Testing the Limit: Derrida, Henry, Levinas, and the Phenomenological Tradition

Testing the Limit: Derrida, Henry, Levinas, and the Phenomenological Tradition


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In exploring the nature of excess relative to a phenomenology of the limit, Testing the Limit claims that phenomenology itself is an exploration of excess. What does it mean that "the self" is "given"? Should we see it as originary; or rather, in what way is the self engendered from textual practices that transgress—or hover around and therefore within—the threshold of phenomenologial discourse? This is the first book to include Michel Henry in a triangulation with Derrida and Levinas and the first to critique Levinas on the basis of his interpolation of philosophy and religion. Sebbah claims that the textual origins of phenomenology determine, in their temporal rhythms, the nature of the subjectivation on which they focus. He situates these considerations within the broader picture of the state of contemporary French phenomenology (chiefly the legacy of Merleau-Ponty), in order to show that these three thinkers share a certain "family resemblance," the identification of which reveals something about the traces of other phenomenological families. It is by testing the limit within the context of traditional phenomenological concerns about the appearance of subjectivity and ipseity that Derrida, Henry, and Levinas radically reconsider phenomenology and that French phenomenology assumes its present form.

Product Details

ISBN-13: 9780804772754
Publisher: Stanford University Press
Publication date: 05/09/2012
Series: Cultural Memory in the Present
Pages: 336
Product dimensions: 5.90(w) x 8.80(h) x 0.90(d)

About the Author

François-David Sebbah is Professor of Philosophy at the University of Compiègne in France and was Program Director at the International College of Philosophy in Paris. He is the author of Levinas: Ambiguïtés de l'altérité (2000).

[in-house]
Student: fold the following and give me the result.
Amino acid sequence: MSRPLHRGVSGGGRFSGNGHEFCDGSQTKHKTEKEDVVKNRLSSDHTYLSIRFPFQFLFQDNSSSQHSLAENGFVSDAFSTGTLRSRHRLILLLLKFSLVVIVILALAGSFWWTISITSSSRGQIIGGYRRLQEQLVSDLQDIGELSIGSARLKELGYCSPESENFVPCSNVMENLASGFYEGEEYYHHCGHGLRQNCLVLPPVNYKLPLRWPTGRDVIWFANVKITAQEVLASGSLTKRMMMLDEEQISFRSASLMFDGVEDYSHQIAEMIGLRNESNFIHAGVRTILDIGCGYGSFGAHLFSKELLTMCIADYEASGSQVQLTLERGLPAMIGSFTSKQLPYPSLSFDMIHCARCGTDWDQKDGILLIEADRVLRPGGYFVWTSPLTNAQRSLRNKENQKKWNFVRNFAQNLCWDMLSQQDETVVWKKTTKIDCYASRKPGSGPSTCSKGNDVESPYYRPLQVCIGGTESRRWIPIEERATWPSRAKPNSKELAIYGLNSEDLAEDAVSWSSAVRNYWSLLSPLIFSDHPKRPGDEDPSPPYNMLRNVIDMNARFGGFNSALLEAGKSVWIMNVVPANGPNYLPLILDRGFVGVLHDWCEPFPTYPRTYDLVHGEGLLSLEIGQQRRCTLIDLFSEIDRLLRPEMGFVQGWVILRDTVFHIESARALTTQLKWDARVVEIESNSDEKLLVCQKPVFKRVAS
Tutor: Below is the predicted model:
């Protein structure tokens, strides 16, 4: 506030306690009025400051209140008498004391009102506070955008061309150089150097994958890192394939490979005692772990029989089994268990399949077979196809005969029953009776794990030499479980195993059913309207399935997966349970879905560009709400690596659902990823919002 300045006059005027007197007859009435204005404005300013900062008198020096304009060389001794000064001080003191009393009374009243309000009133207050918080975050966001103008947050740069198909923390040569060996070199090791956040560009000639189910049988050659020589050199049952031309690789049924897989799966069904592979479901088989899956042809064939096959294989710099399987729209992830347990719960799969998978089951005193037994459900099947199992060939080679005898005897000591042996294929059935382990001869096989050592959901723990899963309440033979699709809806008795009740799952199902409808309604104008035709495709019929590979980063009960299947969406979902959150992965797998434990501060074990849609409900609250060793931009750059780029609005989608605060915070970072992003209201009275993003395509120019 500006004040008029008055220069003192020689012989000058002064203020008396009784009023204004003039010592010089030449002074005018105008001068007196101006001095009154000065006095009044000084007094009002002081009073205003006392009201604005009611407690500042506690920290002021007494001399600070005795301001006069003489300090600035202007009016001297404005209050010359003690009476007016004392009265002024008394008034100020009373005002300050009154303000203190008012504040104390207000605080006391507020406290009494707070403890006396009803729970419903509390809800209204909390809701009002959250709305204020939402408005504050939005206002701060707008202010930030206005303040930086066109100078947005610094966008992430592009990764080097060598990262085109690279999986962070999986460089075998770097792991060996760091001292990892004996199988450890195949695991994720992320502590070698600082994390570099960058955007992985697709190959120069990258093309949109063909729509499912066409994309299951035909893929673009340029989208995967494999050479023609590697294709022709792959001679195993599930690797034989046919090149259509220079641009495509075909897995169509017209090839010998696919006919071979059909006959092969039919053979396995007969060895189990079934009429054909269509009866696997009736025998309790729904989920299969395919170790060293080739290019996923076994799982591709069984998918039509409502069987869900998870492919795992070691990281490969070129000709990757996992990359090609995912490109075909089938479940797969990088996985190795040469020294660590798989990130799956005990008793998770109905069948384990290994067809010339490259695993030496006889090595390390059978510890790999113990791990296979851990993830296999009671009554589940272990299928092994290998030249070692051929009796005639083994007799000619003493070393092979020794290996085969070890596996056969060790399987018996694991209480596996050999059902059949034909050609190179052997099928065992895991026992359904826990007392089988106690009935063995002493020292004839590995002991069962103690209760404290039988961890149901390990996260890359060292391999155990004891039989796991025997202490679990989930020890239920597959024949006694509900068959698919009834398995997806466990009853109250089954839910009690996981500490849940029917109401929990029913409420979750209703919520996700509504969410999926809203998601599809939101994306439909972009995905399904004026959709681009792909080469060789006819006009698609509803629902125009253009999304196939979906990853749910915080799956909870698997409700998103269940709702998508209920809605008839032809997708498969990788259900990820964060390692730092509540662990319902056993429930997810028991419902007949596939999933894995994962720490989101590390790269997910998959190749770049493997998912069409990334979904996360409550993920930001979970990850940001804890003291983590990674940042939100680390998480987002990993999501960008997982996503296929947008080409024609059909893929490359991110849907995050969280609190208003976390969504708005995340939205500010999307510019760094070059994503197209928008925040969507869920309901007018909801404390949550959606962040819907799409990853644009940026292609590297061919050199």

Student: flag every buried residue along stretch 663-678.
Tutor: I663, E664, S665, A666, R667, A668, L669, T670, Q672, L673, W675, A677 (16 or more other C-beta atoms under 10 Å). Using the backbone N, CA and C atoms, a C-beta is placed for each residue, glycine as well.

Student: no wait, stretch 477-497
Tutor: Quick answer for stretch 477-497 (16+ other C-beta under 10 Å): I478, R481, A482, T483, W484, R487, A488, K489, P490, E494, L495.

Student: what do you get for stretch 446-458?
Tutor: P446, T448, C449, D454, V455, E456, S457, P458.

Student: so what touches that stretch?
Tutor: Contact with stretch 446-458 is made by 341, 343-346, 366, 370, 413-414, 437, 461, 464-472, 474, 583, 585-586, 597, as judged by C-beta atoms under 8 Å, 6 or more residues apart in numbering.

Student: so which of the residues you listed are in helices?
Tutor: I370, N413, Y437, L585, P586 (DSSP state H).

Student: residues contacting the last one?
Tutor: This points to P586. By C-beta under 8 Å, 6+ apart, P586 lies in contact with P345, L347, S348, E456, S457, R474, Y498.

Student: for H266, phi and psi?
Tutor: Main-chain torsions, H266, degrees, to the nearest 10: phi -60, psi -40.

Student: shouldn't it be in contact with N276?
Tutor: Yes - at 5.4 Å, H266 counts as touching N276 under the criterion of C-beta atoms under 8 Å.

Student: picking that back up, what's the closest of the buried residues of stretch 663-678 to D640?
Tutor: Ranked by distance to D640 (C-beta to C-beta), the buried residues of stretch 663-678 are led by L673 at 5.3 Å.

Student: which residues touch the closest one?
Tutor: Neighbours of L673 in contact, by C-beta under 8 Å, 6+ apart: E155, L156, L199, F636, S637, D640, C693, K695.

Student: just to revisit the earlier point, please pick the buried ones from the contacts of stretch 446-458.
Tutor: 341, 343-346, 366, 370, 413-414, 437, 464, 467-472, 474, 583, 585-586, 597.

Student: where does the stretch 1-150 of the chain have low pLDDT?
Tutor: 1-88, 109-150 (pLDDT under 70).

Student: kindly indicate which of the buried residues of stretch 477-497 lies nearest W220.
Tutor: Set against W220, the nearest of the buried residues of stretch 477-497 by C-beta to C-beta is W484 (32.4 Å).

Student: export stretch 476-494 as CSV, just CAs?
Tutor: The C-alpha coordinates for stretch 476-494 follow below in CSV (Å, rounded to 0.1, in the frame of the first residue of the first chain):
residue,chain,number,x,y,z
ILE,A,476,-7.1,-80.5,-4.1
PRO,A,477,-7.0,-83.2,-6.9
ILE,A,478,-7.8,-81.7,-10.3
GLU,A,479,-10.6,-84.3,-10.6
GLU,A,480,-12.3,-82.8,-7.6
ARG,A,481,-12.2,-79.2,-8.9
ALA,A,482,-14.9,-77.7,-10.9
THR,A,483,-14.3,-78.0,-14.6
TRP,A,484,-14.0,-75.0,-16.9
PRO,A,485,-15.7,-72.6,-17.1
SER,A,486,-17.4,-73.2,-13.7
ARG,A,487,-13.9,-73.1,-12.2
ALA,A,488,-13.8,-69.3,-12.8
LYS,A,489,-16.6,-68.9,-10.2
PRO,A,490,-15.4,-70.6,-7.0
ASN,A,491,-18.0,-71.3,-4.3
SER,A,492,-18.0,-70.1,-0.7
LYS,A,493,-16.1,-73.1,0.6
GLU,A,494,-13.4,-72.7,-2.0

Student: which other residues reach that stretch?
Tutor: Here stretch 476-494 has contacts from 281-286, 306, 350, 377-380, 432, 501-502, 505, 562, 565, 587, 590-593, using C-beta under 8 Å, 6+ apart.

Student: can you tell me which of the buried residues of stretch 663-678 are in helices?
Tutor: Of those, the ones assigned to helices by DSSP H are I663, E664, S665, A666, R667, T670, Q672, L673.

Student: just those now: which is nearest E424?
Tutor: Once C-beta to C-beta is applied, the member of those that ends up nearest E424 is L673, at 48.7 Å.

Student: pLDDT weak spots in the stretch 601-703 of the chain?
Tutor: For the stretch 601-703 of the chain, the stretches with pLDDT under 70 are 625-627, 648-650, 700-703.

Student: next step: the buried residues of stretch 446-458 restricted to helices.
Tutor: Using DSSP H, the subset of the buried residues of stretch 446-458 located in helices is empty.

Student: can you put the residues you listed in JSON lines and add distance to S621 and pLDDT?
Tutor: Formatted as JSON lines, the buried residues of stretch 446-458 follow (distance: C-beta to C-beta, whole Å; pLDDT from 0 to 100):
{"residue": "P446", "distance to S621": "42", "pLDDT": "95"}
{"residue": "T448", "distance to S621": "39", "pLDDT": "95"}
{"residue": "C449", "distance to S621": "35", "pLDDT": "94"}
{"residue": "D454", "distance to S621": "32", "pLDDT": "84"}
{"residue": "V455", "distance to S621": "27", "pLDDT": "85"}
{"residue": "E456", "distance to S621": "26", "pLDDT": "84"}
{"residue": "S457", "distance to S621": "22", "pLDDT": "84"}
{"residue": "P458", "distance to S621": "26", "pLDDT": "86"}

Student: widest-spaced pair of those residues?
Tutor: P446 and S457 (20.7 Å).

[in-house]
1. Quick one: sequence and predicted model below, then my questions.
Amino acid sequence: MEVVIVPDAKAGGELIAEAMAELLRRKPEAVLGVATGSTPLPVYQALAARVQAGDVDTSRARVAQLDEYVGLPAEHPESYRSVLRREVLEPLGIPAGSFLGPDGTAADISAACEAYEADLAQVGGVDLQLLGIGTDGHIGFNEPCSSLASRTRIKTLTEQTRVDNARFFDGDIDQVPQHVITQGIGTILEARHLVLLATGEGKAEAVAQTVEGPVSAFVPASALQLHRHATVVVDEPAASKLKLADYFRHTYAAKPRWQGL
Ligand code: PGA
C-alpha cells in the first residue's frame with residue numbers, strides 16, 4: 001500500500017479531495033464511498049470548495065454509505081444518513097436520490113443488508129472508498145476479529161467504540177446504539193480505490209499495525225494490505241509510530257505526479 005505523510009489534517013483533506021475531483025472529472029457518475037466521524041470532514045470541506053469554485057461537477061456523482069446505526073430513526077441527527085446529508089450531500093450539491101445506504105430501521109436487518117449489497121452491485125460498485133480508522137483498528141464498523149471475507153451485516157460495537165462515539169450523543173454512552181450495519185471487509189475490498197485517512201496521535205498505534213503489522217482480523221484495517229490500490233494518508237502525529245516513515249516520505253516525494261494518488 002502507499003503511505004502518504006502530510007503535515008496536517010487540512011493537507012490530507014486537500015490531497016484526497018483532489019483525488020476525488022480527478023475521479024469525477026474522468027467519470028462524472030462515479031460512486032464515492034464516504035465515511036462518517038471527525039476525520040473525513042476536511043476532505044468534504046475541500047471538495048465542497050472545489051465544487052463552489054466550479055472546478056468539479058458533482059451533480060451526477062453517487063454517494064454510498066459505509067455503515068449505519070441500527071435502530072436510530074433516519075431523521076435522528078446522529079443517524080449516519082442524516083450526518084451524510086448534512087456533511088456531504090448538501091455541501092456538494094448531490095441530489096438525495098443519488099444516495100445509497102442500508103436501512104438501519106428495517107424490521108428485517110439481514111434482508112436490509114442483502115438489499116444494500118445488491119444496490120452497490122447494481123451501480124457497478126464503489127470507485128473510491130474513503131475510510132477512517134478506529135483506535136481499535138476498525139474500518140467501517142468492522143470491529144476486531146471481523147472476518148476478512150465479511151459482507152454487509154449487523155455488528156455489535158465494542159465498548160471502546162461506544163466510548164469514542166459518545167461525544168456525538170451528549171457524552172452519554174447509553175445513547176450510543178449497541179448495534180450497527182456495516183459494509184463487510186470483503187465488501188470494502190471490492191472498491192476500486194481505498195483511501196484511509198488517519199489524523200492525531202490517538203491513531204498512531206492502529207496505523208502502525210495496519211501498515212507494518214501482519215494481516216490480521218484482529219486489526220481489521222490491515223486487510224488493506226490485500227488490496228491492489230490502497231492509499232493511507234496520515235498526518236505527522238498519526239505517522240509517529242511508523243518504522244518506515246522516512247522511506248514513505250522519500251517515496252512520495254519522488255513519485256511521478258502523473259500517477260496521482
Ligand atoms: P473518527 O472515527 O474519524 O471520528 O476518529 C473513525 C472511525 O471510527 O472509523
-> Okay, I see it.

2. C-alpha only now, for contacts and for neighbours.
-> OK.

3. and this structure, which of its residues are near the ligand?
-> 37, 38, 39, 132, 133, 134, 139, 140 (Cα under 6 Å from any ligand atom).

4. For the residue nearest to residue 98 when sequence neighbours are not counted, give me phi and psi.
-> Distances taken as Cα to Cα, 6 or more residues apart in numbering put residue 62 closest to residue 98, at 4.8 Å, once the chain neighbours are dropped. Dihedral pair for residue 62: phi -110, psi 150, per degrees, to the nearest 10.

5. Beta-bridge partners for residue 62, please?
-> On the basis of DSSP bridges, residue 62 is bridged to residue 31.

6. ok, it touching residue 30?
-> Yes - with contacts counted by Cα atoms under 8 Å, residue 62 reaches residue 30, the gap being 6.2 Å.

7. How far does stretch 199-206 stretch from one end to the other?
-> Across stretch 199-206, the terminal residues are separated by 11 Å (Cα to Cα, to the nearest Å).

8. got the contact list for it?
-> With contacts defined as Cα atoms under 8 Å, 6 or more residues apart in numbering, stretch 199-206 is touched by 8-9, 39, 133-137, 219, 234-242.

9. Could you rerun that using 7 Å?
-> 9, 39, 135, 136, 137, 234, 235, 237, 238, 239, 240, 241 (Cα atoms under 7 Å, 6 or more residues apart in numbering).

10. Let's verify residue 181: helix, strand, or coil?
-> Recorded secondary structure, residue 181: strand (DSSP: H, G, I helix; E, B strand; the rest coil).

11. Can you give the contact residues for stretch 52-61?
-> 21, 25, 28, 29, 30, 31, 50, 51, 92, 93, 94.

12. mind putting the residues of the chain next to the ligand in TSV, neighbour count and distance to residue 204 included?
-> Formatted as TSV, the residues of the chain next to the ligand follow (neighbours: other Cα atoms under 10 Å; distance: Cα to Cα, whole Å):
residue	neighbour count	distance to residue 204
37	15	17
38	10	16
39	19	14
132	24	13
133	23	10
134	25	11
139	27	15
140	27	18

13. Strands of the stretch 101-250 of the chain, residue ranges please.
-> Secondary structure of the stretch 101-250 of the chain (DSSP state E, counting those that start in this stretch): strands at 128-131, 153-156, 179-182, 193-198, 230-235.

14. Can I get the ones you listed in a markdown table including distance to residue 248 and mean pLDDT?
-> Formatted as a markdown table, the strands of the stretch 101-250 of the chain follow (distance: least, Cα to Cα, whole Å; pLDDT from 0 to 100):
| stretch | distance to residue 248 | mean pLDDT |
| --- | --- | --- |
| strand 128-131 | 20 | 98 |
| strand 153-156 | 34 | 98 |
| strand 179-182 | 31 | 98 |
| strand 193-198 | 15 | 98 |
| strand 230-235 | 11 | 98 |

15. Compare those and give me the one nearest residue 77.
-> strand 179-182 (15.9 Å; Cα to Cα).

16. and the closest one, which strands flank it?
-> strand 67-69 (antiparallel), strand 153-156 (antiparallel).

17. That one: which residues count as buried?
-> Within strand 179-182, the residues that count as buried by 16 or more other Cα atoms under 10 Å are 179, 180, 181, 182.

Read an Excerpt


Derrida, Henry, Levinas, and the Phenomenological Tradition
By François-David Sebbah


Copyright © 2001 Presses Universitaires de France
All right reserved.

ISBN: 978-0-8047-7275-4

Chapter One


The field and focus of research

Husserlian phenomenological methodology has many descendants. And the current phenomenological landscape is not merely diverse but at the very least full of tensions. It is astonishing to see, for example, the many different—if not contradictory—claims, such as those of Hubert L. Dreyfus, who claims Husserl—though unrecognizable in his immediate offspring—as a father figure for classical cognitivism, and that of Levinas, who claims to radicalize Husserl's insistence on originarity by designating Alterity as the unconstitutable underlying all appearance, all appealing to the same ancestor, by the same name, in the same space. Looking closer, we are encouraged to see that each of these descendants appears to be an absolutely legitimate—and an absolutely monstrous—heir, following the adopted perspective—and is that not the law of all filiation? The legitimate Levinas refuses all naturalization of thought and of consciousness in general, continuing work begun by Husserl and Heidegger but separating himself from all models of an ontic understanding of being. Highly suspect in the eyes of "phenomenology as a rigorous science," he meditates on a transcendence exceeding all thought, sometimes manifested in a style that could be called poetic or even "laudatory." Dreyfus's reading of Husserl is also, doubtless, "legitimate," relying on the Husserlian description of the noeme as a hierarchized group of formal rules, which thus perpetuates the rigorous necessity for a mathesis of lived experience. This is no less "monstrous," in that it naturalizes consciousness and perhaps thus confuses rigor and exactitude.